Unemployment rates have been as low as 2 percent this year in places like Montana, and nearly as low in neighboring states. Economists cite such factors as an aging work force and booming tourism economies for the tight labor market.
In North Dakota, Gov. John Hoeven scheduled a conference in October to talk about ways to attract workers.
"We have produced more than 25,000 new jobs since 2000, nearly 8,000 last year alone," Hoeven said in a statement announcing the conference. "Our challenge now is filling those jobs."
For places like Montana, it has been a steady climb in the nearly two decades since the timber and mining industry recession. The state approached double-digit unemployment levels in the 1980s and began the slow crawl back in the early 1990s.
"This is actually the biggest economic story of our time, and we don't quite grasp it because it is 15 years in the making," said economist Larry Swanson, director of the O'Connor Center for the Rocky Mountain West at the University of Montana.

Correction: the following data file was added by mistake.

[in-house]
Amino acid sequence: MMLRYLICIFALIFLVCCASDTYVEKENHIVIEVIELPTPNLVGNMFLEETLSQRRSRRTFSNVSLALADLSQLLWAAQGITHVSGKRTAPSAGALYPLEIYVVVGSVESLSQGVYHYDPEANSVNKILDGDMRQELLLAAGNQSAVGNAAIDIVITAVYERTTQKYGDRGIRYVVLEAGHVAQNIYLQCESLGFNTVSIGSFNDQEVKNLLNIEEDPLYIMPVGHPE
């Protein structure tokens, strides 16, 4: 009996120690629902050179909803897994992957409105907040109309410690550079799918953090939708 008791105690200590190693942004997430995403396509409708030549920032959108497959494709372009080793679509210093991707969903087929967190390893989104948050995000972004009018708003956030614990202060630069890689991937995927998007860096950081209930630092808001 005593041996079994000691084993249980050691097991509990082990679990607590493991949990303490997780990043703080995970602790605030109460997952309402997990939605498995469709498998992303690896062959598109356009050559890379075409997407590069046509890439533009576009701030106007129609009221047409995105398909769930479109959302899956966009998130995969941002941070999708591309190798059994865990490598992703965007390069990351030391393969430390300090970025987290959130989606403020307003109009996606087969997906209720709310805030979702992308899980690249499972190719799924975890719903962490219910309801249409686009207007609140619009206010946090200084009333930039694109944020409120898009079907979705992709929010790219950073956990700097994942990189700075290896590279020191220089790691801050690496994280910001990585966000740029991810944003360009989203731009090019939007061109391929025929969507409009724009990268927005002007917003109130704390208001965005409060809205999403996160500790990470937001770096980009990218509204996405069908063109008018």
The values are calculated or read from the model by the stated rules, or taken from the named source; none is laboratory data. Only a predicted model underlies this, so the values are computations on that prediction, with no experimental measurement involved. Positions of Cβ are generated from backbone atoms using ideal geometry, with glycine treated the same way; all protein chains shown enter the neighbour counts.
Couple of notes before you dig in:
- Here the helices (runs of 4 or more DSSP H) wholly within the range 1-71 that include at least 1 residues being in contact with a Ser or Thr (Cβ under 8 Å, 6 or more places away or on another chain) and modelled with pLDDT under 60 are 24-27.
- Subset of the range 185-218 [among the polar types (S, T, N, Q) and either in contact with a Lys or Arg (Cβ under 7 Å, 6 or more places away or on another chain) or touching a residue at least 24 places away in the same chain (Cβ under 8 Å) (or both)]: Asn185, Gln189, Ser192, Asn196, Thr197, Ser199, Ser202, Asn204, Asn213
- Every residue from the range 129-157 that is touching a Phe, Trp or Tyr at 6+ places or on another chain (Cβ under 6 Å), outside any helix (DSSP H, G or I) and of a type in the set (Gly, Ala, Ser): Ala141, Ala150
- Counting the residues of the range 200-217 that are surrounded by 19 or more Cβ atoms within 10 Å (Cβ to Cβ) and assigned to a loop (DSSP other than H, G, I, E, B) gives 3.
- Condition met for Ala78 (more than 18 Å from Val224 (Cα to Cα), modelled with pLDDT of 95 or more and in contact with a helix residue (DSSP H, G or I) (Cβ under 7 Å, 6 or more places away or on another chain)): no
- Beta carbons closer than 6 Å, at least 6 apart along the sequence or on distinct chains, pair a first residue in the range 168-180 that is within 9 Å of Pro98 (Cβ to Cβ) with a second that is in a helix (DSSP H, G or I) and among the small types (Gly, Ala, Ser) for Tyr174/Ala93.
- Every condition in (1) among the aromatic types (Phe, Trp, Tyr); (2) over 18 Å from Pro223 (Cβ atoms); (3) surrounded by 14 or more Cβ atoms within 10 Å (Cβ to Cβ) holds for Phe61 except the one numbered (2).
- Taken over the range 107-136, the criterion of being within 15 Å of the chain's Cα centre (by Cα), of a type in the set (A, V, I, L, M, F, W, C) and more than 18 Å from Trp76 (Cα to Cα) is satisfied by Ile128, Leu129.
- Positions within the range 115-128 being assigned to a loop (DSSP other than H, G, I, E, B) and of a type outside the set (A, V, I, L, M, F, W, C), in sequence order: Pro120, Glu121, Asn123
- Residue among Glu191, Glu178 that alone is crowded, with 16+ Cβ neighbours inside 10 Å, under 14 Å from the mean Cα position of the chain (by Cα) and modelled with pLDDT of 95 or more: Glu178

Meanwhile, more and more Rust Belt residents are out of work and staring a gloomy recession in the face. This bit of news has me wondering: What's the tipping point for another Rust Belt exodus? The people who would most benefit from migrating west are typically the least educated members of the local workforce, thus the most unlikely to leave. Transforming the Stuck into the Mobile (to use Richard Florida's clever dichotomy) is quite a feat.
Issues of brain drain aside, helping the unemployed find work wherever it may be would seem to be the right thing to do. Some may be unable or unwilling to move, but I suspect that the knowledge problem for migration is the main impediment. A community diaspora network could be instrumental in enhancing the geographic mobility of labor. And if I'm the governor of North Dakota, I know what to do in order to find these workers. Governor Hoeven, feel free to send me an e-mail. I'm always in the market for a good consulting gig.